Dyson latest engineering company to work on developing ventilators for NHS

Nurse preparing oxygen mask for patient in critical state

Dyson is joining the growing number of British design engineering companies to develop a ventilator fo the NHS.

In a statement Dyson said it had been working with Cambridge-based medical company The Technology Partnership to develop a “meaningful and timely response”.

“This is a highly complex project being undertaken in an extremely challenging timeframe,” the statement said.

“We are conducting a fully regulated medical device development, including testing in the laboratory and in humans, and we are scaling up for volume.”

Dyson is the latest to reveal its plans. Yesterday we reported that Worcester-based Gtech is also working on a prototype, while engineers, anaesthetists and surgeons from the University of Oxford and King’s College London are building and testing prototypes that can be manufactured using techniques and tools available in well-equipped university and small and medium enterprise (SME) workshops. The partnership hoped to launch OxVent as soon as possible. Government coordination and ongoing rapid competitive selection of the best design concepts will enable universities, SMEs and large industry to make and assemble these ventilators close to their local NHS services. This may allow local scaling according to demand, and reduce stress on NHS distribution.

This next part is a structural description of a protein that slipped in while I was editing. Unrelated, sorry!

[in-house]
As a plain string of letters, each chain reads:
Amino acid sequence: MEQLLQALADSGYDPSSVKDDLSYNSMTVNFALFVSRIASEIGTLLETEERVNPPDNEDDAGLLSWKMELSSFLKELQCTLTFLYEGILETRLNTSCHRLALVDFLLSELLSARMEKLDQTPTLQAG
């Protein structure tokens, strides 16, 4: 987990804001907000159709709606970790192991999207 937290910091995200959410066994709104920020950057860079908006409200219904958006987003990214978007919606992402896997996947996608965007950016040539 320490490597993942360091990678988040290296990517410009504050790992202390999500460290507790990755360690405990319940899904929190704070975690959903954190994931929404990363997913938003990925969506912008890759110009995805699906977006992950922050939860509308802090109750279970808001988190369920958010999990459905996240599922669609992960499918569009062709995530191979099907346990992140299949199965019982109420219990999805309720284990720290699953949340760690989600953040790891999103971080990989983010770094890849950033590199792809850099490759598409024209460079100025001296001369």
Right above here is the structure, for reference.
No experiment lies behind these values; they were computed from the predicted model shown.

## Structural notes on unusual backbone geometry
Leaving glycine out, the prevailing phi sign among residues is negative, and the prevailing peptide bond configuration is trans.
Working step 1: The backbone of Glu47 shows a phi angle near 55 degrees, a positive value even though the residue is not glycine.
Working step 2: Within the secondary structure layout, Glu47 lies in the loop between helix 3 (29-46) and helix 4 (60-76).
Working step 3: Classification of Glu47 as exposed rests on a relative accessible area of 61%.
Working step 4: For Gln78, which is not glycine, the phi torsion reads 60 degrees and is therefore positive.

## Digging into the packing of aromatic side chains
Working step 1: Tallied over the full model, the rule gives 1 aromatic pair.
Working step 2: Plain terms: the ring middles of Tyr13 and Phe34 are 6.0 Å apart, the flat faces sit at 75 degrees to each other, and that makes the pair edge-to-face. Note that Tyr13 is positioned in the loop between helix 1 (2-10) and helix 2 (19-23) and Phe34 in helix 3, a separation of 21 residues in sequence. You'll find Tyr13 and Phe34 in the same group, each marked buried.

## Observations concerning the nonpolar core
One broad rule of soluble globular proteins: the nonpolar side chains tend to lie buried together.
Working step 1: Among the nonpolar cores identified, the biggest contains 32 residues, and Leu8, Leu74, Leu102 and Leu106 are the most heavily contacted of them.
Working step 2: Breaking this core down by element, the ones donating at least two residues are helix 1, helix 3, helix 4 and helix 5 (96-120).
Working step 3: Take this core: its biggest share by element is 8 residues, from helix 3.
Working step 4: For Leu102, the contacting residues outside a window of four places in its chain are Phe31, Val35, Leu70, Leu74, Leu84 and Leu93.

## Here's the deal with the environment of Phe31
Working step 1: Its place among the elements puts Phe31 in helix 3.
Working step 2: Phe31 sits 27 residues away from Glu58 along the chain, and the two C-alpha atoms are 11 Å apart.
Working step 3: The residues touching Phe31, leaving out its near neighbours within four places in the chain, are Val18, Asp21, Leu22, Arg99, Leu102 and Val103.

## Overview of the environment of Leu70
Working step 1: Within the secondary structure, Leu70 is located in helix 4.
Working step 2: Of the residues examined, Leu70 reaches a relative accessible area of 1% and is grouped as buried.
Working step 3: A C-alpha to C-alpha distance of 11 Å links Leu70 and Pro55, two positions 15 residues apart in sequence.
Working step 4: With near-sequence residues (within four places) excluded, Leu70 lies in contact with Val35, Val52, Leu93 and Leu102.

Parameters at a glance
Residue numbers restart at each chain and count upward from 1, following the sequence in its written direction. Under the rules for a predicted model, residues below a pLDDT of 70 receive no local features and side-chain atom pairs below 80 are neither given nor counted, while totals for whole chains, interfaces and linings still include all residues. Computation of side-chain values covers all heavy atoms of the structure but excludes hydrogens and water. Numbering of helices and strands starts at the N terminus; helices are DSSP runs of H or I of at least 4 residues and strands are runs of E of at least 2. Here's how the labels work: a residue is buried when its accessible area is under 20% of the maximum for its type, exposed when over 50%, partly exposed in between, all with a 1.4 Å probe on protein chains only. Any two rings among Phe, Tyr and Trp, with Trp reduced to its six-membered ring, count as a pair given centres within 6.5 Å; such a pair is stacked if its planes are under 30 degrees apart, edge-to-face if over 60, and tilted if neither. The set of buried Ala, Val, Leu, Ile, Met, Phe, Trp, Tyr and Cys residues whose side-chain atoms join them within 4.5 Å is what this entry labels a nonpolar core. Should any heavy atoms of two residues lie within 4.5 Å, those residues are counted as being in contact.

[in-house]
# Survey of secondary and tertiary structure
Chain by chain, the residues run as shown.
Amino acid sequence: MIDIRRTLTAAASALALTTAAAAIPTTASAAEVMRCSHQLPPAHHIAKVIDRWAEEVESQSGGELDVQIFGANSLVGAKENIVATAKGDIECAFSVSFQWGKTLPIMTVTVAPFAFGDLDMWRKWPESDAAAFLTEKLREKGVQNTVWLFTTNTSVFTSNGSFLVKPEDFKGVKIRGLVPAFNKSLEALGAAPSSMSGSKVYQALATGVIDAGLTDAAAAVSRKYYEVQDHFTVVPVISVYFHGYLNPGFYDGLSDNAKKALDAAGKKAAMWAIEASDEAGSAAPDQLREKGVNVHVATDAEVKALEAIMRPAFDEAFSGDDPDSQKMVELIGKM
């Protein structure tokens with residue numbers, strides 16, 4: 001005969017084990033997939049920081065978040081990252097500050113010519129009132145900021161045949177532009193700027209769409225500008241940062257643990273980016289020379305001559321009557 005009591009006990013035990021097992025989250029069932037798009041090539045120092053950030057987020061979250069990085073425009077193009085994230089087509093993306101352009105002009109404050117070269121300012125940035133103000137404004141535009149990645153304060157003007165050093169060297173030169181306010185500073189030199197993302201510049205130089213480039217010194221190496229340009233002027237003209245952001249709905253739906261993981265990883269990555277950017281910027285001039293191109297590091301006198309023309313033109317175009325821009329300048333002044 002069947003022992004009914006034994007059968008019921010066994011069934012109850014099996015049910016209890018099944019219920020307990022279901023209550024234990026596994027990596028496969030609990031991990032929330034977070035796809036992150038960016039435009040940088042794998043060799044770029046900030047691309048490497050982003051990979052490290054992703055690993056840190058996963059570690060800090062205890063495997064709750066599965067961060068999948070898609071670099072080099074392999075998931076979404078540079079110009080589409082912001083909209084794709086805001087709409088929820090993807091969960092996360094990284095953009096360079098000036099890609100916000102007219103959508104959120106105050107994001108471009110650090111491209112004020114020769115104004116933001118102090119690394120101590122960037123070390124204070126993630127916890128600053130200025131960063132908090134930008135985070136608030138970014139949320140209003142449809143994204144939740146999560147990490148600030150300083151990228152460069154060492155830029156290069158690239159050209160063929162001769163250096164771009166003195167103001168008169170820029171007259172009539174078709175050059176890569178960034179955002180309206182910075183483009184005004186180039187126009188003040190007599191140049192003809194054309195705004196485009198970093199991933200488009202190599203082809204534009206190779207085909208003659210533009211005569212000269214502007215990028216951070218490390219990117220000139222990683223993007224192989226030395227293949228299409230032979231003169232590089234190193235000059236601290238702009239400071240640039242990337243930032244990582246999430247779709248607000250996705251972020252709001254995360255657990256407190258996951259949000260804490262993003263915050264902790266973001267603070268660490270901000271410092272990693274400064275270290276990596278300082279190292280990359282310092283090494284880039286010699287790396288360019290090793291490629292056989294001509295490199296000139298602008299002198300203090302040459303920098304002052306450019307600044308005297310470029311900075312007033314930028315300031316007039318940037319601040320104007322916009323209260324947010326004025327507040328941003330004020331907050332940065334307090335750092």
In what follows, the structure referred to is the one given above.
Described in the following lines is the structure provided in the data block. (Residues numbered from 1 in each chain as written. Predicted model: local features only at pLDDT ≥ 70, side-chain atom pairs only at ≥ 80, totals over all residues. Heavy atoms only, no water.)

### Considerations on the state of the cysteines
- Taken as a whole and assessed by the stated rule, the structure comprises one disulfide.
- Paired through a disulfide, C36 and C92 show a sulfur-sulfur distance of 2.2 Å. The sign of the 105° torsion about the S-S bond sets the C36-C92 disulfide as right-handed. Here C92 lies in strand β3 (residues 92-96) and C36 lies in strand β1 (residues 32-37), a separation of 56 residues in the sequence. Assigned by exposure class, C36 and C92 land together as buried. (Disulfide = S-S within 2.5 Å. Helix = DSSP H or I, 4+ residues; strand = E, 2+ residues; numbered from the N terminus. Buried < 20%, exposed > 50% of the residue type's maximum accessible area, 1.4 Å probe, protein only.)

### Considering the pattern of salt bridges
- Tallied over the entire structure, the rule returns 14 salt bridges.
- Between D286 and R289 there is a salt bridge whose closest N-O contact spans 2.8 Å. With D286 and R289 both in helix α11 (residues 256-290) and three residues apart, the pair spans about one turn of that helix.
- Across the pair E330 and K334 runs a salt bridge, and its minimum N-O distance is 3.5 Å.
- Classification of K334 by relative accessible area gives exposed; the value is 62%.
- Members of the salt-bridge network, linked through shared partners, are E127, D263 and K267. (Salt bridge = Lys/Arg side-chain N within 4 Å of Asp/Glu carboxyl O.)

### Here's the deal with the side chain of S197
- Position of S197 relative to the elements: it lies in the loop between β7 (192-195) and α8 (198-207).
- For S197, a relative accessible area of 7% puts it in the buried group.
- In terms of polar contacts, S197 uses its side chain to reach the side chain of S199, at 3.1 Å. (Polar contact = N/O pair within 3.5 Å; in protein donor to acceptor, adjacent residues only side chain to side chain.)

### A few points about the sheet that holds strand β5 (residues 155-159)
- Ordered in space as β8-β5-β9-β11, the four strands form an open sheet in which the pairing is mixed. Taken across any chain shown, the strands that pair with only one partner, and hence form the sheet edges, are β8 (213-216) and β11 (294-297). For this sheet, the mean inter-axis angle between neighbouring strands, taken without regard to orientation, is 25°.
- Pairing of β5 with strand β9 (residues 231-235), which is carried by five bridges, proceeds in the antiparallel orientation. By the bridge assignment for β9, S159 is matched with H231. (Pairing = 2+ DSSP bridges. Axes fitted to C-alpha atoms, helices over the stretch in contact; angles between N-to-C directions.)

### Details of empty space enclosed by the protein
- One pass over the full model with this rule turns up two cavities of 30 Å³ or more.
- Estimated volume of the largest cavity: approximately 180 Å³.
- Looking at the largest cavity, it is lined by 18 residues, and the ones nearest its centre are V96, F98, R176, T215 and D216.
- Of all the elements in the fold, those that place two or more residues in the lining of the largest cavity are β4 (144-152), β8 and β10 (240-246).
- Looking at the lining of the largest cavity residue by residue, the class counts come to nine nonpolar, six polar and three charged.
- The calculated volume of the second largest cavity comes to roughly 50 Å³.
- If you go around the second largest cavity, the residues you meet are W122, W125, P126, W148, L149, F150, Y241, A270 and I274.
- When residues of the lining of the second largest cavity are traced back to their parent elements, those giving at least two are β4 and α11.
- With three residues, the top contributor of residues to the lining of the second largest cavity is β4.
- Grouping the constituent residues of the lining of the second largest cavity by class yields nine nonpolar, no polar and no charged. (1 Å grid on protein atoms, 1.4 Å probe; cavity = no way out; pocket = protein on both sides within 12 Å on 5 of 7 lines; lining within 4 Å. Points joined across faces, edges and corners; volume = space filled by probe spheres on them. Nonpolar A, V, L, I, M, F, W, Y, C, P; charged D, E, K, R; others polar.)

Professor Thompson, Oxford’s Department of Engineering Science, which is working on OxVent, said: “This extraordinary situation demands an extraordinary response and we are pulling all the talents together in an exceptional team combining decades of experience translating research into the clinic, brilliant innovators, and highly skilled technicians.”

Within a matter of weeks he hopes a prototype could be developed which would satisfy MHRA (the Medicines and Healthcare products Regulatory Agency) requirements, and the scientists believe a mature manufacturing network at scale could be achievable within 2-3 months.

Another Oxfordshire company, Penlon, which develops and manufactures anaesthesia and other medical products and sells worldwide, is also in discussions with the MHRA and other NHS authorities.

Penlon says it is able to offer a solution for ventilation requirements and is prepared to ramp up manufacturing capacity to meet this requirement. It added in a statement: “We wish to thank all the companies that have contacted us, offering their help, support and resources.”